new_health (2005-44)

Gluten Free in Tennessee

Give abstinence from offending foods a chance

by Wendy C. Smith

I suppose we’ve all heard something about gluten intolerance or noticed gluten-free products on grocery shelves, but how many of us know much about this? First of all, gluten is a protein found in the four main grains: wheat, rye, barley and oats. It’s an incomplete protein, meaning that it is deficient in lysine and thus not a truly usable or good protein for the body.

Gluten is the cohesive, elastic stuff in bread dough that has to be kneaded and developed for the bread to rise. It’s found in thousands of foods, yet the body has to grow into digesting it. In fact, babies are given rice formulas because their digestive tracts can handle it much easier than wheat formulas.

Gluten intolerance is a physical sensitivity to gluten. A person who is gluten intolerant may be able to ingest gluten with a few side effects or may not be able to ingest gluten at all without a wide range of serious results. Gluten intolerance is hereditary. If a person is gluten intolerant, then so are members of the immediate family, even if they are asymptomatic.

There are two main types of recognized gluten sensitivities: non-celiac gluten sensitivity (a.k.a. NCGS, usually referred to as gluten intolerant) and celiac disease. Non-celiac gluten sensitive people will test negatively for celiac disease but can have many of the symptoms of celiac disease and can be just as debilitated or inconvenienced by it. People with celiac disease vary in their tolerance to gluten and their range of symptoms. Gluten intolerance is also strange in that it can be triggered by a life event such as divorce, serious illness or job loss. A person might find herself gluten intolerant after a life trauma and either recover, or not. Gluten intolerance may simply also be triggered by over-exposure to wheat.

I love bread. Who doesn’t enjoy a fluffy roll slathered in butter or olive oil and herbs? The idea of being gluten intolerant pangs my little yeast-loving heart. Yet thousands of people are. It is thought that 15 percent of the population (about one in seven) is NCGS while .5 percent of the population will test positive for celiac disease. Women are twice as likely to be affected as men. The symptoms of gluten intolerance and celiac disease are similar and overlapping and include headaches, mouth ulcers, weight gain or loss, poor disease immunity and skin ailments, such as eczema and dermatitis.

Celiac disease is caused when gluten damages the lining of the intestines by flattening or atrophying the villi, the little fingerlike projections that absorb water and nutrients. This allows the intestines to be susceptible to a wide range of other conditions related to malabsorption. Other symptoms of celiac disease include gas, bloating and abdominal pain. Not all the symptoms have to do with the gut either. Fatigue, depression, irritability, muscle cramps can all be caused by celiac disease. If the disease goes untreated, malnutrition can occur, and the disease can become life-threatening.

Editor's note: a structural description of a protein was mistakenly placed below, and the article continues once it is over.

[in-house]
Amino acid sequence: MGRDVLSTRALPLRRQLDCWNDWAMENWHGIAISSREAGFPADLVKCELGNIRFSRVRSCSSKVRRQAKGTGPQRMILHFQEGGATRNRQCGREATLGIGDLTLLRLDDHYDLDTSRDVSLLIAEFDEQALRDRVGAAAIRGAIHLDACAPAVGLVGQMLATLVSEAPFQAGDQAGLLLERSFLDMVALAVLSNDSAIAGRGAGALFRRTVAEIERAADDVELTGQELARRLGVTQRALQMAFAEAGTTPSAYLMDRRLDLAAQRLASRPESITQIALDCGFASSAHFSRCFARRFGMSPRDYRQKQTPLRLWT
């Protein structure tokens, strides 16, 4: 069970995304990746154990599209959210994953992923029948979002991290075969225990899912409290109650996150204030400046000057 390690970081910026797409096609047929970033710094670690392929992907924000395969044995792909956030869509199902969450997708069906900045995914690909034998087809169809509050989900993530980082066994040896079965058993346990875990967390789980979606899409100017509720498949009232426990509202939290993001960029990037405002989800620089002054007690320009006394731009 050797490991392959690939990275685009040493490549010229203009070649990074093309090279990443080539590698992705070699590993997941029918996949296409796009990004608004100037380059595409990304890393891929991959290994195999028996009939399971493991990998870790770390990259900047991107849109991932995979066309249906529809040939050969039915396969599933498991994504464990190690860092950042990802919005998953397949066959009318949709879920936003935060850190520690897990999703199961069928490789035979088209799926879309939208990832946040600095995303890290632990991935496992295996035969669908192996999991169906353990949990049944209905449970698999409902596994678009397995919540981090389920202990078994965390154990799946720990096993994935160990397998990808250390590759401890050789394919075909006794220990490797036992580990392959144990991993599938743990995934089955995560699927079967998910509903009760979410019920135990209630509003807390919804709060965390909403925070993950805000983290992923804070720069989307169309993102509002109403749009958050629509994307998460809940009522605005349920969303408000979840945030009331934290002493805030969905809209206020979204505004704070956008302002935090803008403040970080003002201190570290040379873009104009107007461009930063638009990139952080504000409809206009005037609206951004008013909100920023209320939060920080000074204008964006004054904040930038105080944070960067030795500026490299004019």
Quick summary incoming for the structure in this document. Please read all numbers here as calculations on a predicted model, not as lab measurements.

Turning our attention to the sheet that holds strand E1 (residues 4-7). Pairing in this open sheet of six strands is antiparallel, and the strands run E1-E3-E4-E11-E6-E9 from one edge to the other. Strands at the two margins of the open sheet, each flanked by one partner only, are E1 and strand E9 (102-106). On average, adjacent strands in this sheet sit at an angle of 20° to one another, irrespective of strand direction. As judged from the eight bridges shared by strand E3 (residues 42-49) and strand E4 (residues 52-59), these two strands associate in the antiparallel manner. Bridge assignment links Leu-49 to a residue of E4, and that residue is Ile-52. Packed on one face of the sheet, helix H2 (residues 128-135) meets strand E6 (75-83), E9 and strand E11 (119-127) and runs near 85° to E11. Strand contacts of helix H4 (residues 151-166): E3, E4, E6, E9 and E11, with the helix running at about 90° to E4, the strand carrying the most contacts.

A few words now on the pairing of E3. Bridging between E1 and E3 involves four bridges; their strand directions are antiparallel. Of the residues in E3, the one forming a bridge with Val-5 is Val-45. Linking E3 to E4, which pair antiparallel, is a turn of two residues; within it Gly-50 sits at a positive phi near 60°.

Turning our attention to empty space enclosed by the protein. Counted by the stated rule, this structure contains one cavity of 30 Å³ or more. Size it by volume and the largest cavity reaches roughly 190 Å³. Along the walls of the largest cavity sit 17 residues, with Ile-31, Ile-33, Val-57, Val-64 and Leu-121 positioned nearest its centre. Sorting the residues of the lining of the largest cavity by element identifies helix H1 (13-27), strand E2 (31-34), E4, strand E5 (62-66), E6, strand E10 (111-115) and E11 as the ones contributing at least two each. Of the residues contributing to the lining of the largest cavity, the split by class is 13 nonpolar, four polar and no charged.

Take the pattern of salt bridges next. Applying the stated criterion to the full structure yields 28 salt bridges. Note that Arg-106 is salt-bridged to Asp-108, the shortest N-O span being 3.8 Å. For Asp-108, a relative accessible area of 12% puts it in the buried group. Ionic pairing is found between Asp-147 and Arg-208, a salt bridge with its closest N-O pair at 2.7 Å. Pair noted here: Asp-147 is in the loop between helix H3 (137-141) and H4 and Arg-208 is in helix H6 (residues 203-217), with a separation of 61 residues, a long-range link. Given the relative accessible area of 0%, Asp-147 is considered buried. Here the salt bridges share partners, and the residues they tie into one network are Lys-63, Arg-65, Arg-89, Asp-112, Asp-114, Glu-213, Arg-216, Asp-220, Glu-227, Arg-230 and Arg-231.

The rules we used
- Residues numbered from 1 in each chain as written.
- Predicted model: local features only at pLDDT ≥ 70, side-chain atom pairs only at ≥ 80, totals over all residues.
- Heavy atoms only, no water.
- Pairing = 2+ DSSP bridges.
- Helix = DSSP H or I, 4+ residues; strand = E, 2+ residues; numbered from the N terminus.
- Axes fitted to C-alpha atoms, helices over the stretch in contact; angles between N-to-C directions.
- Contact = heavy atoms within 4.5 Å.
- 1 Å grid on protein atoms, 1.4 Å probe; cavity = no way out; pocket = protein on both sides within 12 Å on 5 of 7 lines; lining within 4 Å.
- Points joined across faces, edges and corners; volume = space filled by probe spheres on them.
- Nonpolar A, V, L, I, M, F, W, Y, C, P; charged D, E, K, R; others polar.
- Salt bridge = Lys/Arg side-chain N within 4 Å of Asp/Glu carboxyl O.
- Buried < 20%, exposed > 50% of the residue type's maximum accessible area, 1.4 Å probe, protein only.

Dermatitis herpetiformis, another gluten-intolerant disease linked to celiac disease, is an immune response to gluten and produces little watery, itchy blisters that might resemble pimples or a bacterial skin infection. The outbreaks usually occur on pressure points on the body; the elbows, buttocks, scalp or back. Eruptions range from mild to severe depending on the person’s intake of gluten and their sensitivity to it.

Luckily, although there’s no cure for gluten intolerance, celiac disease or dermatitis herpetiformis, diet can alleviate the majority of symptoms. Gluten-intolerant individuals should remove the following foods from their diets: barley, wheat (including spelt, durum, graham, and semolina), malt, rye and oats (although pure, cooked oats are usually fine). Other foods that usually contain grains and grain by-products are breading, soup bases, flour products, cereal products, thickeners, imitation seafood and marinades to name a few. It’s very important for people with any sort of gluten intolerance or gluten-intolerance disease to be aware of the various ways grains manifest in foods and especially in processed foods.

On the other hand, depending on the degree of intolerance, many of these foods are OK in small amounts. Because food is basically the culprit and the remedy for gluten intolerance, it’s fairly easy for a person to evaluate how gluten intolerant he or she is and to make diet adjustments that will help keep problems at bay. A 30-day gluten-free diet can be enough for a person to see benefits. One school of thought holds that gluten causes internal inflammation thought to be a major source of many illnesses, so many people are attempting to go gluten-free for basic health reasons. As a result, there are many gluten-free products on the market today. Anyone with gluten intolerance now has a much larger grocery offering than ever before.

I’ve never been diagnosed as gluten intolerant, but I do think that watching my gluten intake is helpful to my health. If going gluten-free or partially gluten-free is helpful in any way, why not?

© 2005 MetroPulse. All rights reserved. This material may not be published, broadcast, rewritten or redistributed.

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